Our Response to Some
Negative Views on Helmets
Summary: Our response to arguments against helmet laws and helmets. Disclaimer: we are helmet advocates, this is not a
balanced view. Please do not quote this page out of context. Provide the URL and let the reader decide.
For studies and references we have a page up linking to many helmet studies
. Websites with
opposing views are at the bottom
Negative assertions are in bold italics
below, followed by our responses. They fall into two categories:
helmet laws and helmets themselves.
Opposition to Helmet Laws
We consider anti-helmet law views as legitimate and rational positions in the spectrum of political viewpoints. We do not
consider ourselves "better than" those who oppose the laws, or even better qualified to make public policy, for which
every citizen in a democracy is equally qualified.
Helmet laws are unnecessary government interference.
Response: In some areas laws are being introduced before there is a popular consensus that bicycle helmets are an
essential safety requirement. But the laws raise awareness that helmets save lives. We have laws here requiring seat
belts, air bags, child car seats, smoke detectors, lights on bicycles operated at night, and a whole range of other
safety devices. When a bicycle is a vehicle operated on a public roadway its operator is subject to the same rights
and obligations as other vehicle operators. If it is reasonable to require motorcycle helmets, airbags and the use of
car seatbelts, requiring bicycle helmets is also reasonable. If you see helmets as needed safety equipment rather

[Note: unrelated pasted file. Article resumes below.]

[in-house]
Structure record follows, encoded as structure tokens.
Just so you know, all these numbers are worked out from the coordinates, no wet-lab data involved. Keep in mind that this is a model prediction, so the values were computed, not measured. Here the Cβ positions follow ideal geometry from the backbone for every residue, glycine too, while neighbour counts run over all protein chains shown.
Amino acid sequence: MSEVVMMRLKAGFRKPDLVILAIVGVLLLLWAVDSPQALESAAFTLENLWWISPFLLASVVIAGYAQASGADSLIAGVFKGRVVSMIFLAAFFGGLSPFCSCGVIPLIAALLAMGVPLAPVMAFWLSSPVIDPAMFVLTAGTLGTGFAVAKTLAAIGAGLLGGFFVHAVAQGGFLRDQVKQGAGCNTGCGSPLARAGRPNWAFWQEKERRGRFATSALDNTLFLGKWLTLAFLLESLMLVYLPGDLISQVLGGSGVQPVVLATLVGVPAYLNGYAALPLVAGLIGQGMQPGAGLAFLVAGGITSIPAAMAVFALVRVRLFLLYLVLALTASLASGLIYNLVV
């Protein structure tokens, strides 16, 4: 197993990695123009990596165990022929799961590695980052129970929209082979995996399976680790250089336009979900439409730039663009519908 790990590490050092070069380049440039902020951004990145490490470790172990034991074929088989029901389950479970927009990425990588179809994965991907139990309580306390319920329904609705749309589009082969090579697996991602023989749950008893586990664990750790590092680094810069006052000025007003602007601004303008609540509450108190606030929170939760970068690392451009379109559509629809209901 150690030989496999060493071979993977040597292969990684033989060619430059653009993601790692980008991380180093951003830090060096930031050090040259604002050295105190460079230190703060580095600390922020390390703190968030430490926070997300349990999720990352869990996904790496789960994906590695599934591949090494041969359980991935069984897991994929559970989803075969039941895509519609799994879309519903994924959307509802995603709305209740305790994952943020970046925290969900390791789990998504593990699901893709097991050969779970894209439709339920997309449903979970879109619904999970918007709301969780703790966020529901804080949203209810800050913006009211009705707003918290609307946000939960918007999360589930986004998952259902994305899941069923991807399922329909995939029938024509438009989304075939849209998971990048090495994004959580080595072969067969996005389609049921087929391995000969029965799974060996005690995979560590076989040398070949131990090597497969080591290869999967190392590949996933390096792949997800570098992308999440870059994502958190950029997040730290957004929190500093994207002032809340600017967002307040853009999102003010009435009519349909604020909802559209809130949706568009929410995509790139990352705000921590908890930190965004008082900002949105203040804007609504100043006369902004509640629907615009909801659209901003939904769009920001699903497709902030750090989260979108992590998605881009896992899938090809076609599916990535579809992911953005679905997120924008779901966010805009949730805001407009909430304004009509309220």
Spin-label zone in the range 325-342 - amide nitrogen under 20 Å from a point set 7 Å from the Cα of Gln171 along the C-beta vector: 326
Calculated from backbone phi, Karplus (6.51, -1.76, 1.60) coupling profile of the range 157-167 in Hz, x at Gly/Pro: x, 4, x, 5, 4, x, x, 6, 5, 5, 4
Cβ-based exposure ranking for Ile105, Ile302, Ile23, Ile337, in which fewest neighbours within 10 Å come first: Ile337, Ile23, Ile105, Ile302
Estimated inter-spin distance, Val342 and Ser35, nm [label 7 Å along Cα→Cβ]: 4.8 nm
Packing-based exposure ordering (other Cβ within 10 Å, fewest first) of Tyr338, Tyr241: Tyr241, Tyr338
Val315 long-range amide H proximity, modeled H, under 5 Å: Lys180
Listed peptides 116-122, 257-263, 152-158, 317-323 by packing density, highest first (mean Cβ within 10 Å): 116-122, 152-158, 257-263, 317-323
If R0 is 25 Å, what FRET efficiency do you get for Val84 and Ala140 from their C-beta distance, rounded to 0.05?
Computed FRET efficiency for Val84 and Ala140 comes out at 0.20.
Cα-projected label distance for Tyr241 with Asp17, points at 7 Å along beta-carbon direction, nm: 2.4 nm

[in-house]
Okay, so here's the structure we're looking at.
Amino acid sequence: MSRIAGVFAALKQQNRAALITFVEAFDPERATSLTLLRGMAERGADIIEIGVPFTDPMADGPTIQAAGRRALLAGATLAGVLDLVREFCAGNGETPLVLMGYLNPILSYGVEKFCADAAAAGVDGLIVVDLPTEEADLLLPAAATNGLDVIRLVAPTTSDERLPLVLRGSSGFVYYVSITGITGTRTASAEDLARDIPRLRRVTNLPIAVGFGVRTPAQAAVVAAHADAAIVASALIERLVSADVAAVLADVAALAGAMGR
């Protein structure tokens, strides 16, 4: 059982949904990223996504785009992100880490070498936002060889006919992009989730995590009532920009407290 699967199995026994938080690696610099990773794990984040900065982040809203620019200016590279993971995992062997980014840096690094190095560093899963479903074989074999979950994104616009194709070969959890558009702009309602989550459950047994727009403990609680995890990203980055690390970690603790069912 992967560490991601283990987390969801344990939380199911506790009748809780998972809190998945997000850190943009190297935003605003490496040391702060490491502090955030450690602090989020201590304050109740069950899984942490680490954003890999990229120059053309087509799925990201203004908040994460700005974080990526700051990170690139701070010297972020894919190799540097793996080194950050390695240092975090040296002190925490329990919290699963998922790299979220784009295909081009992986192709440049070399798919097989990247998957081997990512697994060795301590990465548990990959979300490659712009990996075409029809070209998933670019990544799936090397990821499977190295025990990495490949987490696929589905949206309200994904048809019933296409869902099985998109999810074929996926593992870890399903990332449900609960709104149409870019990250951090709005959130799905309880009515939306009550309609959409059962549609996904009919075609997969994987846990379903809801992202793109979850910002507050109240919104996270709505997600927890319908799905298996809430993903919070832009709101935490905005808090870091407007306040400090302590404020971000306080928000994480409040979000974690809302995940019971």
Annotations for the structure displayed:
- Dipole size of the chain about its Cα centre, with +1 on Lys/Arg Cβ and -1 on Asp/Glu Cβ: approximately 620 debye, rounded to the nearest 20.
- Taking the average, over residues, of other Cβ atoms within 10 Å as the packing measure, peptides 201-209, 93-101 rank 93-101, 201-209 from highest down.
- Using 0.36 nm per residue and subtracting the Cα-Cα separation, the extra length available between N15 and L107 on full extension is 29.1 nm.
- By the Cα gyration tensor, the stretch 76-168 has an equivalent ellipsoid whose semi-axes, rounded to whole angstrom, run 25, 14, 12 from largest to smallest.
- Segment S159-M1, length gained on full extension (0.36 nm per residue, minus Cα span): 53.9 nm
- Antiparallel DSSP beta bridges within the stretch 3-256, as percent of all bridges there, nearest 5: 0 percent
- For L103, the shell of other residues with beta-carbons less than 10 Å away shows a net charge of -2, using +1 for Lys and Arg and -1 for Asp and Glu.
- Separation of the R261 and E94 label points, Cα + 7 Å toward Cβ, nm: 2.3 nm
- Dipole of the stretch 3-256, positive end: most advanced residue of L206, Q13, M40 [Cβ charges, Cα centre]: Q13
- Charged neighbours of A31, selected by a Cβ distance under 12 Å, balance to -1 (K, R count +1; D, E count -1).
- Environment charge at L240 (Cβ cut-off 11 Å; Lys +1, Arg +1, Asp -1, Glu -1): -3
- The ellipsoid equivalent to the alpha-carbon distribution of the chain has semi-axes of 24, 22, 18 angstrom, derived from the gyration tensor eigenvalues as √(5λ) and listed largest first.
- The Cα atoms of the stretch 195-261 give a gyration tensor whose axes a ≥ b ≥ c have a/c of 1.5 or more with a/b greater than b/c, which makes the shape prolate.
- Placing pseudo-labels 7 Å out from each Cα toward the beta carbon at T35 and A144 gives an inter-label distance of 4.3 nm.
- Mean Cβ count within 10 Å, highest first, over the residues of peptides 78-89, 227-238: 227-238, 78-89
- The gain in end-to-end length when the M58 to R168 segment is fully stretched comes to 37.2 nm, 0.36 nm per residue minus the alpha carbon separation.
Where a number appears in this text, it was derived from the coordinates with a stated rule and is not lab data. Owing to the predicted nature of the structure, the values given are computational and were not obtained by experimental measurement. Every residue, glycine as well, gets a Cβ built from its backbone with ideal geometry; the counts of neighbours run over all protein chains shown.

than optional cycling apparel, the need for legal requirements is as apparent as the need to require lights on a
bicycle operated at night. Back to top
Mandatory helmet laws discourage cycling, increasing the risk to all riders.
Response: If true, this would be a serious drawback of helmet laws. Anyone who has observed the difference in riding
in a city or country with many, many bicycles on the road understands how increasing the number of riders improves
The cyclic trend reducing bicycle use that began here in 1999 was related to fashion, to the rise of other forms of
exercise and to safety concerns as car traffic was becoming worse. We had a decade of experience prior to that with
states and cities passing helmet laws, and did not observe declines in cycling related to the laws. The decline that
did take place was not limited to the areas that had helmet laws, and the subsequent recovery in cycling and sharp
rise in bicycle use when gas prices spiked in 2008 was not related to helmet laws either. In urban areas there has
been a change in the attitudes of parents, who are concerned about traffic and crimes against children, and no longer
allow their children the freedom to roam that bicycling used to facilitate. In addition, our helmet laws are so
spottily enforced in most states that there would have been minimal effect in any case. In the last ten years the
cycle has reversed. The current boom in bicycles for both transportation and sport use has coincided with trends in
urban living, changes in attitudes toward car ownership, emphasis on fitness and improvements in bicycle facilities.
All of this growth in bicycling in the U.S. has occurred in the presence of the bicycle helmet laws passed between